By the mid-18th Century, Grand-Pre was the largest known Acadian community. There were several smaller ones located around the coastlines of what is today Nova Scotia and the Bay of Fundy. Many referred to the Minas location as the bread basket because the people there were thriving.
In 1744, England and France were at war. The French tried to take over Acadie. There were numerous attacks. In 1749, Halifax became the new capital. Even so, the majority of people residing in this colony were Acadians. They were growing in numbers and doing very well with the rich farmland. Government leaders decided to take action to get more Protestant settlers to come to this area.
In 1755, the Acadians of Minas had their world turned upside down. The government took their guns and boats. When Acadian delegates show up in Halifax with a petition, they are put into prison. Governor Charles Lawrence deported all of the Acadians from Nova Scotia. They were sent to the British colonies in the south. This ranged from Massachusetts to Georgia. To back this up, Lieutenant Colonel John Winslow and his troops arrived in Grand-Pre on August 19th, 1755. They made the church their headquarters.
The families were forced to leave with nothing but their personal belongings. The military claimed all that was left behind for the Crown. The families have no choice but to do as they are told. They await the ships that will come to take them to new destinations. More than 6,000 Acadians were deported from Minas Basin and Nova Scotia by the end of 19755. The villages were burned and all they had built was destroyed.
The deportation continued through 1763. It came to an end when the war between England and France was over. The families suffered and struggled during 8 long years of deportation. It is believed over 10,000 people were deported due to these actions.
Historical Value and the Poem Evangeline
The poem Evangeline by Henry Wadsworth Longfellow got people all over to take notice of deportation and what these people we going through. It was published in the USA in 1847. It was coined as the “great uprooting” and it didn’t sit well with people. When people started to visit this area, they found nothing of the Acadians remained.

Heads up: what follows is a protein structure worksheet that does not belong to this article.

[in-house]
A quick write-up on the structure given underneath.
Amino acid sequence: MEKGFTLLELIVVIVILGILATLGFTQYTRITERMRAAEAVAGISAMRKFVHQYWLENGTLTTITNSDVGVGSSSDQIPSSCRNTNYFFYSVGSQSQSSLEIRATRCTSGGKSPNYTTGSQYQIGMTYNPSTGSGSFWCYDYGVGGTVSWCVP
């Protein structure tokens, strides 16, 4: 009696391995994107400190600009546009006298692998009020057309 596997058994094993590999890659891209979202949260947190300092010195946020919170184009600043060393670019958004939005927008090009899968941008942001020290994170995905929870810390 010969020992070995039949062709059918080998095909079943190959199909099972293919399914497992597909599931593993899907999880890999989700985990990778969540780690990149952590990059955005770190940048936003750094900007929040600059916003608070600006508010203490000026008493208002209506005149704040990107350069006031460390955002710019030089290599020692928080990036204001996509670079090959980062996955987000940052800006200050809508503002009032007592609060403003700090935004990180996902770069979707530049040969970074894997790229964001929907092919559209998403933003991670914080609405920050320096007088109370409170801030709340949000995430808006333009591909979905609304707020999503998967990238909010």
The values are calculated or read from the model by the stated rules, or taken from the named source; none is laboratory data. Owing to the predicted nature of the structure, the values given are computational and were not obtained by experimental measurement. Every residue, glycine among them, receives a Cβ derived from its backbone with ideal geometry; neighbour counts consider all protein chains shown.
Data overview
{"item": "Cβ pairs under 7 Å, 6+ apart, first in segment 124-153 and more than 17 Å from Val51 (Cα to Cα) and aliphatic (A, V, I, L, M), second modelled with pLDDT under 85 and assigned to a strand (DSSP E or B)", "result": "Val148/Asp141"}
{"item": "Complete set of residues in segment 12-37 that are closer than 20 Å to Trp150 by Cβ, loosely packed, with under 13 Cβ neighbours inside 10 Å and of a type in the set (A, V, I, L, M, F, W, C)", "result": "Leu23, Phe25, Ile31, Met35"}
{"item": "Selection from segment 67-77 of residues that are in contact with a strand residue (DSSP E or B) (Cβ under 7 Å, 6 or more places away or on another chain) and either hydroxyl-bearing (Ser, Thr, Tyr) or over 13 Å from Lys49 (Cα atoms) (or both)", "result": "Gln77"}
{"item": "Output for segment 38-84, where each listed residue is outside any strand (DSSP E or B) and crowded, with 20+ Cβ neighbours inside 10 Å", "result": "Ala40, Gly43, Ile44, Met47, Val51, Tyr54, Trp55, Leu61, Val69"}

The land was purchased by John Frederic Herbin in 1907. He was a poet, jewellery maker, and historian. His mother was Acadian and he wanted to protect that history in her honour. A year later the Nova Scotia legislation acknowledged it as the Grand-Pre Historic Grounds. Herbin placed a cross made from stone at the site. He used stones that were remains of the Acadian community.
In 1917, he sold this property to DAR (Dominion Atlantic Railway). They placed the statue of Evangeline there in 1920. It was created by Philippe Hebert but he died before he was able to finish it. His son, Henri, stepped up and completed the project. Advocate groups were underway to raise money for the Memorial Church to be created at Grand-Pre. It was finished in 1930. Today, the church is a museum and a historical reminder of the Acadians.
In 1957, The Canadian government acquired Grand-Pre. It was identified in 1961 as a National Historic Site. There have been plenty of changes over the years, but the goals remain the same. It is a place to honour the history and culture of the Acadians. In 2003, the visitor centre was created for the many tourists that visit annually.